The first skill that I look for when engaging with or hiring a data scientist is humility. I look for the ability to listen and engage with others who may not seem as smart as them. And as you can see from our DEPP methodology, humility is the key to driving collaboration between the business stakeholders (who will never understand data science to the level that a data scientist do) and the data scientist. Humility is critical to our DEPP methodology because you can’t learn what’s important for the business if you aren’t willing to acknowledge that you might not know everything. Humility is one of the secrets to effective collaboration. Nowhere does the importance of the business/data science collaboration play a more important role than in hypothesis development. If you get the hypothesis and the metrics against which you are going to measure success wrong, everything the data scientist does to support that hypothesis doesn’t matter.
Over the better part of a decade, cloud computing mergers and acquisitions painted a picture where cloud service providers where on the hunt to accumulate as many customers as possible. Thus, you saw massive build-outs of facilities and a haphazard set of mergers and acquisitions that had no real rhyme or reason. We also witnessed incredible price wars when it came to commodity cloud resources in the IaaS and PaaS space. In a nutshell, the cloud service provider market has always about growth by any means necessary. If you contrast previous years' cloud acquisitions with those that have occurred the latter parts of 2017 and into 2018, we start to see a new pattern forming. Sure, there are still signs of significant growth in the cloud space for those looking for bleeding-edge services. Yet at the same time, you see a trend towards stability and cloud acquisition dollars trending toward following what the customer wants in a cloud service -- as opposed to the other way around.
Despite the prevalence of cloud usage, the study found that there is a gap in awareness within businesses about the services being used. Only a quarter (25%) of IT and IT security practitioners revealed they are very confident they know all the cloud services their business is using, with a third (31%) confident they know. Looking more closely, shadow IT may be continuing to cause challenges. Over half of Australian (61%), Brazilian (59%) and British (56%) organizations are not confident they know all the cloud computing apps, platform or infrastructure services their organization is using. Confidence is higher elsewhere, with only around a quarter in Germany (27%), Japan (27%) and France (25%) not confident. Fortunately, the vast majority (81%) believe that having the ability to use strong authentication methods to access data and applications in the cloud is essential or very important.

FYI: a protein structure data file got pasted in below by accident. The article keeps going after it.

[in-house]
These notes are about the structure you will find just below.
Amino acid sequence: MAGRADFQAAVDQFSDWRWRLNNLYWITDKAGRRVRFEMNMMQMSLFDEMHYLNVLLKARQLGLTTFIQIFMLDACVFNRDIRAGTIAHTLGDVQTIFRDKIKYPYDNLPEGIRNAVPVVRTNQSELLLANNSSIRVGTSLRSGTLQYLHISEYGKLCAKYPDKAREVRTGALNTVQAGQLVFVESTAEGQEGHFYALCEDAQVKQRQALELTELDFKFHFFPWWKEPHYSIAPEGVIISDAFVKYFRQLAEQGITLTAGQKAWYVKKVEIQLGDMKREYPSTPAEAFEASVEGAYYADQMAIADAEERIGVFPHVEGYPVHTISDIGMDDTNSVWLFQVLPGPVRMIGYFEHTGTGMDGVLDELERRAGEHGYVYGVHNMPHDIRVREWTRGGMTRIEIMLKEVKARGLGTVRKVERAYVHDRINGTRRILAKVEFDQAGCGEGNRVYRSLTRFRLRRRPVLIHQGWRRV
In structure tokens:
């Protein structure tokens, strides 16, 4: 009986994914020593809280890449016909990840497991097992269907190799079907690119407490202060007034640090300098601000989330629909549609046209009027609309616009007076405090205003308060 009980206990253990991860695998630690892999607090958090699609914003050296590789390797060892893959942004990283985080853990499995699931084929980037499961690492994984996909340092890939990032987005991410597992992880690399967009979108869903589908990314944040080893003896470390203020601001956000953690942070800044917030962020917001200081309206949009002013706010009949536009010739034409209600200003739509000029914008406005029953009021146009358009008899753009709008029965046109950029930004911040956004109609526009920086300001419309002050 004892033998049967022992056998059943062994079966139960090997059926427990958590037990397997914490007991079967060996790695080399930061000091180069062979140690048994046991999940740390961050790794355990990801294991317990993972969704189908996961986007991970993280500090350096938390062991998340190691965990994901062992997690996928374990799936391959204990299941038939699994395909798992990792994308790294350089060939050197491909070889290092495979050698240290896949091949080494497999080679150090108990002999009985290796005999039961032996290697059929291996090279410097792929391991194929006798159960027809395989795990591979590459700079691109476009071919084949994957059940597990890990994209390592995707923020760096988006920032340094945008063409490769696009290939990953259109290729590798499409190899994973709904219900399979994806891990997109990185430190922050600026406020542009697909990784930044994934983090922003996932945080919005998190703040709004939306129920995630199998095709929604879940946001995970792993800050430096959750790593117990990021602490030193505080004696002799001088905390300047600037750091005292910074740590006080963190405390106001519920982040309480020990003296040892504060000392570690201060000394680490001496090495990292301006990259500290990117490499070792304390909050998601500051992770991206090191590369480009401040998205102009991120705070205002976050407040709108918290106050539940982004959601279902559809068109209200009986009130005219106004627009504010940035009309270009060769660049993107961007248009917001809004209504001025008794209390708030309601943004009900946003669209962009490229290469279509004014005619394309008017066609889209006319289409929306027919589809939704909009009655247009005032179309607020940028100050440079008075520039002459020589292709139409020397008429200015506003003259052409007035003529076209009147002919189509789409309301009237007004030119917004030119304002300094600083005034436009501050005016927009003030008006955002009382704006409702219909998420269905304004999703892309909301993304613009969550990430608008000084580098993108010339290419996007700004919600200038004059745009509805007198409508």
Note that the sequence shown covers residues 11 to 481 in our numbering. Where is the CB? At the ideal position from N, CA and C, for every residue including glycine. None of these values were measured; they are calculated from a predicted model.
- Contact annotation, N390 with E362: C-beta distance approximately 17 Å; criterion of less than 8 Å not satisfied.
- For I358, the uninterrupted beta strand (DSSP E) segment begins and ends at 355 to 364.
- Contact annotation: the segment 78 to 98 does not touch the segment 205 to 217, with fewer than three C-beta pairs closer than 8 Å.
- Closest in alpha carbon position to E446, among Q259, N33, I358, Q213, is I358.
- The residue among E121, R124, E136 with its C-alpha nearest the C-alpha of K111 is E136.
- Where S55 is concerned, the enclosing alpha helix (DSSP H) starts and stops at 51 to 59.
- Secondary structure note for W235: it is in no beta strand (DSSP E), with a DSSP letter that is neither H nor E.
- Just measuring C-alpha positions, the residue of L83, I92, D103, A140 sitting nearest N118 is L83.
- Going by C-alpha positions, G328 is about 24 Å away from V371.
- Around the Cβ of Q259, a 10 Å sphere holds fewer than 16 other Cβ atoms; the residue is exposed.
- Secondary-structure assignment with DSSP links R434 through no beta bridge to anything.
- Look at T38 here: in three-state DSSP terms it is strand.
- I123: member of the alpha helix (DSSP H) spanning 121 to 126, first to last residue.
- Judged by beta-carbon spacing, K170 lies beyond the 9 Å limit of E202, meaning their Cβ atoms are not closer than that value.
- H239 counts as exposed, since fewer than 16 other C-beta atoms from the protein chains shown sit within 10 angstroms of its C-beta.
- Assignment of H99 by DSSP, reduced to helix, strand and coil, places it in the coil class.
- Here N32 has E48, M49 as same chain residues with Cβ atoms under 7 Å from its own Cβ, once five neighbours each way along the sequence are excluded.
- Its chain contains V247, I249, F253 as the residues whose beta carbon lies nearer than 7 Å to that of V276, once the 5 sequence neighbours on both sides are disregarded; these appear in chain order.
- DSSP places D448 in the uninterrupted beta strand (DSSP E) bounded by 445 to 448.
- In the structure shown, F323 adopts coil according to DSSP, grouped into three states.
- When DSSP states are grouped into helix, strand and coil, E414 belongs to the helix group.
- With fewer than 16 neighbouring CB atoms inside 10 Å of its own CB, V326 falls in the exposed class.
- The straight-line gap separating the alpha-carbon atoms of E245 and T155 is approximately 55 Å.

Machine-learning models can accurately perform recognition of specific patterns in data streams. In environments already inundated with data, this capability provides high value and distinct advantages, and the industry has responded accordingly. Data scientists can take advantage of a growing number of open-source machine-learning frameworks including Google’s TensorFlow, Apache MXNet, Facebook Caffe2, and Microsoft Cognitive Toolkit, among others. Most important, the task of building models has never been easier. For example, Amazon Web Services (AWS) offers deep learning AMIs (Amazon Machine Images) with the leading ML frameworks already built in and ready for use on the AWS cloud. For those just starting, Google’s TensorFlow Playground helps users learn more about the neural networks underlying machine learning frameworks, using simple data sets and pre-trained models
"Most folks running containers have something like [Apache] Mesos or Kubernetes, and that makes it easy to do rolling upgrades on the infrastructure underneath," said Andy Domeier, director of technology operations at SPS Commerce, a communications network for supply chain and logistics businesses based in Minneapolis. SPS uses Mesos for container orchestration, but it is evaluating Kubernetes, as well. Containers are often used with immutable infrastructures, which can be stood up and torn down at will and present an ideal means to handle the infrastructure changes on the way, due to these specific Intel CPU flaws or unforeseen future events. "It really hammers home the case for immutability," said Carmen DeArdo, technology director responsible for the software delivery pipeline at Nationwide Mutual Insurance Co. in Columbus, Ohio.
Quote for the day:
"When we lead from the heart, we don't need to work on being authentic we just are!" -- Gordon Tredgold